Two Nations Indivisible: A Roadmap fo...

Two Nations Indivisible: A Roadmap for Modern Mexico

There are 2 comments on the Forbes.com story from Apr 17, 2013, titled Two Nations Indivisible: A Roadmap for Modern Mexico. In it, Forbes.com reports that:

In spite of cartel violence, Mexico's economic ties to the U.S. are growing stronger.

Join the discussion below, or Read more at Forbes.com.

Sirius

Querétaro, Mexico

#1 Apr 17, 2013
Throughout the book O’Neil weaves together analysis and anecdotes about Mexico’s expanding corporations and the unfortunate persistence of violent crime in many parts of the country.“Overlooked, underreported, and at times even blatantly ignored in the United States is the positive side of what is happening in Mexico. Yes, the Mexican government faces significant challenges—the most urgent being security. But as dismal as the current news is, Mexico stands on the cusp of a promising future. Mexico’s real story today is one of ongoing economic, political, and social transformation led by a rising middle class…and enterprising individuals and organizations working to change their country from the inside,” she writes.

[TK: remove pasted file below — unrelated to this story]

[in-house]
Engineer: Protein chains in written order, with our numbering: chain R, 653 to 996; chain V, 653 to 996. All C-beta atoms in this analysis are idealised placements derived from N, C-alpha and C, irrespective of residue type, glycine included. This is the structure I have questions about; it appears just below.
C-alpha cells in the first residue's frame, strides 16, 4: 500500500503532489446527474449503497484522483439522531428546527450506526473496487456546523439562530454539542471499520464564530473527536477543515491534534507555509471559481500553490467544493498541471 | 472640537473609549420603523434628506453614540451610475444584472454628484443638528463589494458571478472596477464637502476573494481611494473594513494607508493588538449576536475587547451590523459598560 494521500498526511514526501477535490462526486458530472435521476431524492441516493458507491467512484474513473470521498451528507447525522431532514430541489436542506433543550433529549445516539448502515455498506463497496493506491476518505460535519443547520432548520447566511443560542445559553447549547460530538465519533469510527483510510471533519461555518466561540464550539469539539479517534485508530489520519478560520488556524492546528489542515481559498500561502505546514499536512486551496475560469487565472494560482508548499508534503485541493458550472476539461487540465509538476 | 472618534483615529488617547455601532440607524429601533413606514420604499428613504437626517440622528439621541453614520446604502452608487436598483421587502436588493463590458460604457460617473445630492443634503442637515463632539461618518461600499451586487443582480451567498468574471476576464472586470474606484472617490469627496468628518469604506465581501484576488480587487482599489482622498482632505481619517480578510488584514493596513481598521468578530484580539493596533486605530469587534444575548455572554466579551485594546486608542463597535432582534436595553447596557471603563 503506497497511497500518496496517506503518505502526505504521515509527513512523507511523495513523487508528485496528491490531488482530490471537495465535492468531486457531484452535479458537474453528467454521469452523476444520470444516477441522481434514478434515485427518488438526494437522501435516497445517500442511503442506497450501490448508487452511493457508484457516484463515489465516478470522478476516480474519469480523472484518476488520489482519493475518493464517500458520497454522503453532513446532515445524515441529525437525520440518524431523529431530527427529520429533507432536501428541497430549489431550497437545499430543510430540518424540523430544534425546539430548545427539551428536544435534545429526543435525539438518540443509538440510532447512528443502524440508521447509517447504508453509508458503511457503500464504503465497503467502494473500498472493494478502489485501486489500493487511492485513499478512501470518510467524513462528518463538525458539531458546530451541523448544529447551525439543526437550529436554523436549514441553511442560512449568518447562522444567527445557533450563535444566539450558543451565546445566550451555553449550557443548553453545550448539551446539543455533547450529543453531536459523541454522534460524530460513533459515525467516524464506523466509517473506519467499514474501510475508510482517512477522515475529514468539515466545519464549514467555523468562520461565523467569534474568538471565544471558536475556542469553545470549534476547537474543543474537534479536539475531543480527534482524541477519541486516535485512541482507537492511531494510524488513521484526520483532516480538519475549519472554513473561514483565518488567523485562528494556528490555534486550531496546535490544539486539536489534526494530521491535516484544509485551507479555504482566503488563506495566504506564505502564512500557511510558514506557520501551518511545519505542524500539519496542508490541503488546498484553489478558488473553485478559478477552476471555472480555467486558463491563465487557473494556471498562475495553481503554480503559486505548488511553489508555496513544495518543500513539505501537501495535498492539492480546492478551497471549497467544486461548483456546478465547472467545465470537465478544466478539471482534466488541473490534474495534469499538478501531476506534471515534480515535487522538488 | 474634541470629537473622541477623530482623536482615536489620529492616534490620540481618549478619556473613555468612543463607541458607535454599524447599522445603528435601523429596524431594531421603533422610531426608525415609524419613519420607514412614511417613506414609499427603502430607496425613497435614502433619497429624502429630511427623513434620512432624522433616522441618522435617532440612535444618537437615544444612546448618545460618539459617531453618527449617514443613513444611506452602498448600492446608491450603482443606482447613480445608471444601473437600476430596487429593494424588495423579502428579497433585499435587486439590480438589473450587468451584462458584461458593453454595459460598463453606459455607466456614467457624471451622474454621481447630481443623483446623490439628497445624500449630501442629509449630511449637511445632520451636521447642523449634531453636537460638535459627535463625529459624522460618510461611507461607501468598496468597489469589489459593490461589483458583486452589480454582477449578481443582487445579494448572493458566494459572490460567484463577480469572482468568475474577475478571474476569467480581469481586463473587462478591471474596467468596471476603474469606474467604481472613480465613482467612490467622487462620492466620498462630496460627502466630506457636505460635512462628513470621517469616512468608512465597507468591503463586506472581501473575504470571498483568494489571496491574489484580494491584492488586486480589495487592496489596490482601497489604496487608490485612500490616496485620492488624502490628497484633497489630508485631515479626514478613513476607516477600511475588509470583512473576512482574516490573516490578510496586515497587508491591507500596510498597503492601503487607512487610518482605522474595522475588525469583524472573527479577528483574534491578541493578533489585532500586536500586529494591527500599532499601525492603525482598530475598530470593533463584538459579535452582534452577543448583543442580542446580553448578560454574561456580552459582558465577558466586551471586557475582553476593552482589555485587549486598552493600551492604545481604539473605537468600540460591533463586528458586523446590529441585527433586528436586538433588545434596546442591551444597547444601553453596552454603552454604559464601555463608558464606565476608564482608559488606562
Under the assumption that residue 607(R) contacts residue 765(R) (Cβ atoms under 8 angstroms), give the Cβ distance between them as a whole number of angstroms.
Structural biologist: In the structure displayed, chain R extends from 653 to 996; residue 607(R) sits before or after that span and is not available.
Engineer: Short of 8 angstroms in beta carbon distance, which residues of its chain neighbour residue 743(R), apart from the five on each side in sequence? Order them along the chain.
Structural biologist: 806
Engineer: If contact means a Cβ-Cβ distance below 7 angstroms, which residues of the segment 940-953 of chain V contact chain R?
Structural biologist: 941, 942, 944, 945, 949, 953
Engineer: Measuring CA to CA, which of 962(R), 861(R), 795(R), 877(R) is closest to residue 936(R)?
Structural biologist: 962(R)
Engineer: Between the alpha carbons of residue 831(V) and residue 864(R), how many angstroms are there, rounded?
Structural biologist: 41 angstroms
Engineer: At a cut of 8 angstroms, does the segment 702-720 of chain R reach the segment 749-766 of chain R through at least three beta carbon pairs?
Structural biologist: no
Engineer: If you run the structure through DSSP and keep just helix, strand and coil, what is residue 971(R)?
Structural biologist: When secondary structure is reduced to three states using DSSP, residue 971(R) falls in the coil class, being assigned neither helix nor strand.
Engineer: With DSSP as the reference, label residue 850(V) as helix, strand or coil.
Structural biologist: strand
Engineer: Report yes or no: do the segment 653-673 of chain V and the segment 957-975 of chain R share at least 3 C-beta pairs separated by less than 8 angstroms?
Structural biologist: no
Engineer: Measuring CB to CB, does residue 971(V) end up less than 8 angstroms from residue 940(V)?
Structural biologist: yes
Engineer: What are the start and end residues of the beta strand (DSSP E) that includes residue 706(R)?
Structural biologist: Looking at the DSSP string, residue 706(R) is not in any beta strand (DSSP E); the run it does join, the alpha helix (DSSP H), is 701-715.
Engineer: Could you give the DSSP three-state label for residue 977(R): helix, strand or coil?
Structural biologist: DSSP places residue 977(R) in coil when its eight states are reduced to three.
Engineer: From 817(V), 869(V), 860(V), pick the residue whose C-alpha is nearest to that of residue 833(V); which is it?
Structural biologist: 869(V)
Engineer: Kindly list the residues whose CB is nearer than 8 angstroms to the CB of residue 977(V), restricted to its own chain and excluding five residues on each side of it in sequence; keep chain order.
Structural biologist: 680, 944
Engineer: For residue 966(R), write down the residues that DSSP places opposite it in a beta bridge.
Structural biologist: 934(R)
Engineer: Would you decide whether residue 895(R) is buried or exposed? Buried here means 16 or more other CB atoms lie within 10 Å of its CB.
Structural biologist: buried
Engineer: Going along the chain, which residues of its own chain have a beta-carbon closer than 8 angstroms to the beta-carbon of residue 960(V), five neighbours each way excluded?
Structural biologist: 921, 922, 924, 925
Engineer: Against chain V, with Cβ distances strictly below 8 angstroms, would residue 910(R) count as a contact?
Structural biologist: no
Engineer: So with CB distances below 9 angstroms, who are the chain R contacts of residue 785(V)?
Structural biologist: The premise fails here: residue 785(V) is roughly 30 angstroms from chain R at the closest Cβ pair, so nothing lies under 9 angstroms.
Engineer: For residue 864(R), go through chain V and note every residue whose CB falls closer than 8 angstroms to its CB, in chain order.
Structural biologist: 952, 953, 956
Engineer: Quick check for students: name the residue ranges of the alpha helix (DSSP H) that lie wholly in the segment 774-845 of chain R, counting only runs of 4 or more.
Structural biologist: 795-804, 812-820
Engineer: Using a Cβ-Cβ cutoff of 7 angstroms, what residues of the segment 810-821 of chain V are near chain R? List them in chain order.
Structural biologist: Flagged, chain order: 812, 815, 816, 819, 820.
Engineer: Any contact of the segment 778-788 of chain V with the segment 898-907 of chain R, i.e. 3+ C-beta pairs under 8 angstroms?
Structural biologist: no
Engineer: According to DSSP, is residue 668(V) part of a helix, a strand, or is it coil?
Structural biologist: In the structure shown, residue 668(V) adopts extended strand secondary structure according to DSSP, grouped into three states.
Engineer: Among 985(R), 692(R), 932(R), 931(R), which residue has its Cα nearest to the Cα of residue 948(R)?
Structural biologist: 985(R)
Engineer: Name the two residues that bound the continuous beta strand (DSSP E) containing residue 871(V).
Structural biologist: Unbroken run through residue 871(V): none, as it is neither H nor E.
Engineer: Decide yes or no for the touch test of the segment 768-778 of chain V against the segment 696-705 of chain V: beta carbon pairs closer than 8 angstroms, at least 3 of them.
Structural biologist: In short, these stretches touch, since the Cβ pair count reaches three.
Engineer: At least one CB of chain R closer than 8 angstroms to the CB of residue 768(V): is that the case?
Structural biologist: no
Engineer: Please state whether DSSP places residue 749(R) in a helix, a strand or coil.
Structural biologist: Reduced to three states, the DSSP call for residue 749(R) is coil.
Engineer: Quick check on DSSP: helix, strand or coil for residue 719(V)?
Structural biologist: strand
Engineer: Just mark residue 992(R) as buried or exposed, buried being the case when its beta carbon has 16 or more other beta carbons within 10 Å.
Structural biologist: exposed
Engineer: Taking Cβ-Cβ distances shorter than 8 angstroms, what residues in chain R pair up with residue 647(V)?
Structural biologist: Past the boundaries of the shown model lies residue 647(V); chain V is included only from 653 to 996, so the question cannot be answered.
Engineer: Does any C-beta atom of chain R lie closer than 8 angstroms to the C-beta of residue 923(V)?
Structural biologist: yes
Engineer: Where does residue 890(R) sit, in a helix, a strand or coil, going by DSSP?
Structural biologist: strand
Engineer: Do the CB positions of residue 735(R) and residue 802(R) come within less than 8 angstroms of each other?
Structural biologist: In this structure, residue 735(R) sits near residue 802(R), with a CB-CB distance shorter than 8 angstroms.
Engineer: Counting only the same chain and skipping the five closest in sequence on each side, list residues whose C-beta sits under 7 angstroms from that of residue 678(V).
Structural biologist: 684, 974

Even during recent years of cartel crime, modern Mexico has emerged a vital trade partner for U.S. businesses. Every day one million people and more than one billion dollars worth of goods cross the border, but most news coverage focuses on the drug cartels, the violence, and the US$6 billion that flows back to Mexico every year from the illicit drug market in the U.S. Overall, these illegal cash-flows account for a small fraction of Mexico US$1.1 trillion dollar economy. Despite the violence, at corporate campuses across Mexico, a more positive trend is at work.
“Integration with Mexico has allowed giants such as General Motors, Johnson & Johnson, General Electric, and Hewlett Packard to lower costs and compete in global markets where they would otherwise be excluded—creating more exports and jobs for both the United States and Mexico in the process,” O’Neil explains.
As I have repeated a lot in this forum...:(
Sirius

Querétaro, Mexico

#2 Apr 17, 2013
I remember what a user (very insightful) in a Mexican forum said... "gringos are genetically unable to understand Mexico".

XD XD

I think that you cannot do something you don't want to do. But doesn't matter, really. You don't need to understand many things, and they continue to function and do their business.

To most Americans, Mexico will always be a caricature... or as we Mexican joke, they see us like conejos (rabits), "pequeños, extraños y pendejos".(little, strange and stupid)

XD XD

But then... most Mexican don't understand Mexico either.

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